Tuesday, November 24, 2009

Israeli Ambassador Michael Oren

Mara and I arrived in Providence for the Thanksgiving college pickup early this afternoon - a new ritual for us - just in time to hear Israeli Ambassador Michael Oren speak at Brown. As you can see from the Providence Journal's coverage of the event, perhaps the most newsworthy aspect of it was how uneventful it was. Given the charged climate of anything involving Israel on college campuses, plus the charged and uncivil climate of just about any discussion these days, I was expecting significant protests and hecklers. There were none, neither inside the packed hall nor on the street outside the building.

Perhaps that was due to the timing, which the Ambassador described as "Erev Yontiff." But, while students were beginning to scurry over the river and through the woods, I don't think so. It was heartening to see that he could be received so warmly on a campus that, despite its large and active Jewish population, is also perceived as being very liberal on foreign policy matters, which at times has led to anti-Israel activity.

Or maybe the protesters have met their match in Oren. Maybe the word has gone out not to challenge this guy. He is the simply the best advocate Israel has had on this side of the Atlantic since Abba Eban - and unlike Eban, he speaks English (and Hebrew, he confesses) with a distinctly American twang. And his English is not a techno-smooth monotone like Prime Minister Netanyahu's, but more like the calming cadence of your doctor, or at least the guy who plays a doctor on TV. As we discovered when he was the Hoffman lecturer at Beth El two years ago (see highlights of that appearance here), he speaks our language in more ways than one. He understands the core reasons for the unique relationship between America and Israel, a bond that transcends administrations and political parties. He made a strong case that the relationship with the current administration is every bit as solid as it was with the prior one, that Sec. Rice was over there complaining about settlements every bit as much as George Mitchell might be now.

He made the case for "natural growth" of settlements (upward not outward), accompanied by the partial freeze negotiated between the Israeli and American governments, and he spoke of the eventual need to redraw borders and for each side to give up part of its dream. As a noted historian of the region, he claimed to have a deep understanding of the Palestinian "narrative" as well as the Israeli. But his main focus was Iran. He stated that Israel and America are absolutely on the same page right now, and that we are, over the next few weeks, likely to see a transitioning from the engagement-in-dialogue stage toward a consensus for crippling sanctions. Israel was consulted in the formation of the sanctions protocol. These next few weeks are therefore crucial.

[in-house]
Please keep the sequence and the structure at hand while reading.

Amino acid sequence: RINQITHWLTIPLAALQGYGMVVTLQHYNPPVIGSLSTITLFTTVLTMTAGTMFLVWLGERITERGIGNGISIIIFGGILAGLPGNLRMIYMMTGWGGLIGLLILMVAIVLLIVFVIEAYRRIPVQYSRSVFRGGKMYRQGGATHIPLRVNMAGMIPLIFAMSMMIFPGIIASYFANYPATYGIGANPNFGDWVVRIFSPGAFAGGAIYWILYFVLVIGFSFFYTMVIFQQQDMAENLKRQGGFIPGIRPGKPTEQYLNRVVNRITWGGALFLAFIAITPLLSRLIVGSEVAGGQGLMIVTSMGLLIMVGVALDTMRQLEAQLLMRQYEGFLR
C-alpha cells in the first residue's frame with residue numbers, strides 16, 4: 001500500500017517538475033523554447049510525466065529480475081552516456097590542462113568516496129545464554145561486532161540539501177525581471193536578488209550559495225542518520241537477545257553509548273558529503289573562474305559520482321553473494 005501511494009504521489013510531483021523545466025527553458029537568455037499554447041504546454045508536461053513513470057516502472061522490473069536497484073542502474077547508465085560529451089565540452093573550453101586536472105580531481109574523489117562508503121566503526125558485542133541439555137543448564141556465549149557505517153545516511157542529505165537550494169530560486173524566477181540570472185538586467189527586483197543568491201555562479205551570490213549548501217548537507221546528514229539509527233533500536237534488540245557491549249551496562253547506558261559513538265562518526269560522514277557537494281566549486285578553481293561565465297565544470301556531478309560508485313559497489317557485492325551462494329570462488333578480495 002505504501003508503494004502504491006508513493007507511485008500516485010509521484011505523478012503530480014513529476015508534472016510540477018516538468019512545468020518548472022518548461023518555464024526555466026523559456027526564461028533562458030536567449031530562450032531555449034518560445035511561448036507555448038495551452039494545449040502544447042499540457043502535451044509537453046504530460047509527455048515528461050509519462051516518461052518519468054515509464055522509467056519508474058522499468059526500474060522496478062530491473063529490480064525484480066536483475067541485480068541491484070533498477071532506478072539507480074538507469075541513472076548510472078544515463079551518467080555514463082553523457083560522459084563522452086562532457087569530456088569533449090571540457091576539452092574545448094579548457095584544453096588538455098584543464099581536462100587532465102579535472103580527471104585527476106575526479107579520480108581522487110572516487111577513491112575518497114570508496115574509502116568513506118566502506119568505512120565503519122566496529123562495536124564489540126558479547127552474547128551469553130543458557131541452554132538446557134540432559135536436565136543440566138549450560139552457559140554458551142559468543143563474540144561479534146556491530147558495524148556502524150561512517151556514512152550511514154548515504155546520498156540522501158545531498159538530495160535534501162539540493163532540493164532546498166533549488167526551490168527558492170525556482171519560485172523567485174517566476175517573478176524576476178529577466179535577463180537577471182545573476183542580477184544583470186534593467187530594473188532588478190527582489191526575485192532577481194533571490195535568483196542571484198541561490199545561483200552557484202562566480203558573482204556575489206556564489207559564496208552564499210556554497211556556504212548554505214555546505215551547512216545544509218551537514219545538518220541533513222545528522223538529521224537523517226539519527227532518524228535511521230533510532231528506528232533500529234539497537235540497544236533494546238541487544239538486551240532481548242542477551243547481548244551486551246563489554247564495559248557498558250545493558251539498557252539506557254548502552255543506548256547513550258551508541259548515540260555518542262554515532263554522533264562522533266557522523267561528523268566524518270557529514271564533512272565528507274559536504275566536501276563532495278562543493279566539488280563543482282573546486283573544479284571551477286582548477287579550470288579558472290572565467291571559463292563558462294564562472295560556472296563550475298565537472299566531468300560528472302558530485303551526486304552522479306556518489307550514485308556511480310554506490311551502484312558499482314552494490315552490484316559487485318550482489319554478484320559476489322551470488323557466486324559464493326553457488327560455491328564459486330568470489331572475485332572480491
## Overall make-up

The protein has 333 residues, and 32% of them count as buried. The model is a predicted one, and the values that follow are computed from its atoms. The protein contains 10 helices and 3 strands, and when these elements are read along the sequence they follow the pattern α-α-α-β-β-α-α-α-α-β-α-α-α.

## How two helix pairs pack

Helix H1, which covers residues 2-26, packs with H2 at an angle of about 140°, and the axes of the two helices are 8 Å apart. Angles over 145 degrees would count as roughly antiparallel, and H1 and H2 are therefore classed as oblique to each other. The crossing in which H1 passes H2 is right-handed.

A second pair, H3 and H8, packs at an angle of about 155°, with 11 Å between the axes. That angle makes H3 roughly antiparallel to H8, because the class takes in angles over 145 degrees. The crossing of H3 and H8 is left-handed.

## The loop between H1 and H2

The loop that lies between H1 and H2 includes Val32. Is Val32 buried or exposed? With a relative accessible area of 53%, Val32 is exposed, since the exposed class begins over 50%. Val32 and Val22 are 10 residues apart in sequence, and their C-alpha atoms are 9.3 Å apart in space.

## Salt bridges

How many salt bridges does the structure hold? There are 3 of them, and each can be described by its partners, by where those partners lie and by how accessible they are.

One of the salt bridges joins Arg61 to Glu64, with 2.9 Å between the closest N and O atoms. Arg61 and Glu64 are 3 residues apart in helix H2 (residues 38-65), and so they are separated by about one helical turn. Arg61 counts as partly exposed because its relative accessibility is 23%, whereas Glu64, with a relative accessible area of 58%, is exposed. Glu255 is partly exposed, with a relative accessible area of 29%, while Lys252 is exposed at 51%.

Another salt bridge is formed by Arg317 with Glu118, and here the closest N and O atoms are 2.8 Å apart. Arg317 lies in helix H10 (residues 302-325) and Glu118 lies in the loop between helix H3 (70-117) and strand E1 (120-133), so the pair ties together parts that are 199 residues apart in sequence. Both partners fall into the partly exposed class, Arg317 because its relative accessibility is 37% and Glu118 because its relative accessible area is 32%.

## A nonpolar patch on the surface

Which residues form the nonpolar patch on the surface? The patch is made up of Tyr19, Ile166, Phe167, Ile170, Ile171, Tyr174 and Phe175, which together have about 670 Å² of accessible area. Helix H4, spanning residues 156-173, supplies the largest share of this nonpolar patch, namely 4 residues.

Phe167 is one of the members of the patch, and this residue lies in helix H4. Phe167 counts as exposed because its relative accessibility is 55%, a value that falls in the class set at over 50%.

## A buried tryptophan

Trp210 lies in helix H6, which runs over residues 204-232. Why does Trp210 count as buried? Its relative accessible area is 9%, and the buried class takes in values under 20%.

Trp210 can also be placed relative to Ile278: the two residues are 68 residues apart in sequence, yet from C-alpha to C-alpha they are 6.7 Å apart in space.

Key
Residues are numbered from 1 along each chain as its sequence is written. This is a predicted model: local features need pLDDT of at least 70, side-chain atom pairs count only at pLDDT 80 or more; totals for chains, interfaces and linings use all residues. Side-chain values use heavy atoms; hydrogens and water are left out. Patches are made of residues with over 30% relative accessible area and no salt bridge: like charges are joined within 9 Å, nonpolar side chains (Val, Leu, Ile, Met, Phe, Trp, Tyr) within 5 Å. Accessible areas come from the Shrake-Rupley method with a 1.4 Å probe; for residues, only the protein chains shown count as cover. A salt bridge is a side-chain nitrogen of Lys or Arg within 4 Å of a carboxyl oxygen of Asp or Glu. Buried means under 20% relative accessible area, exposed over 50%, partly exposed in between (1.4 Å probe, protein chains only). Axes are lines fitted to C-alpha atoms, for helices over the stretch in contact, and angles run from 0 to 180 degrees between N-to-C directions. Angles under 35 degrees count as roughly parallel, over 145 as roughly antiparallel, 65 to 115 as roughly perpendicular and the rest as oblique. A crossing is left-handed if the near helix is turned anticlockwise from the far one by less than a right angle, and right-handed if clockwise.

Oren was asked about the Gilad Shalit deal, and he said that he had just spoken to the Israeli leadership only 90 minutes before this appearance, and was told that no deal is in place.

His most moving response was to a question about his having to renounce his American citizenship, a requirement of the American government (not Israel's) when one takes a position like this in a foreign government. He described a tearful ceremony of renunciation that took place in the American Embassy in Tel Aviv. He admitted, however, that in ceasing to be an American, he did not have to renounce his love of football and turkey, and he added that he was looking forward to Thanksgiving. Plus, he was told that if he remains married to an American, when he leaves the government, he could apply for a Green Card.

He said that he is in a good position to interpret Israel's ways to American audiences, but that he also could help explain America to Israelis, adding that Israelis have no idea what all the fuss is here over health care. In speaking of that fuss, he also expressed a grave concern that a lack of civility in political discourse can have dire consequences - he said that as one who worked closely with Prime Minister Rabin at the time of his assassination.

He spoke eloquently and was received warmly. Israel's most important foreign diplomatic position is being filled by just the right man at just the right time.

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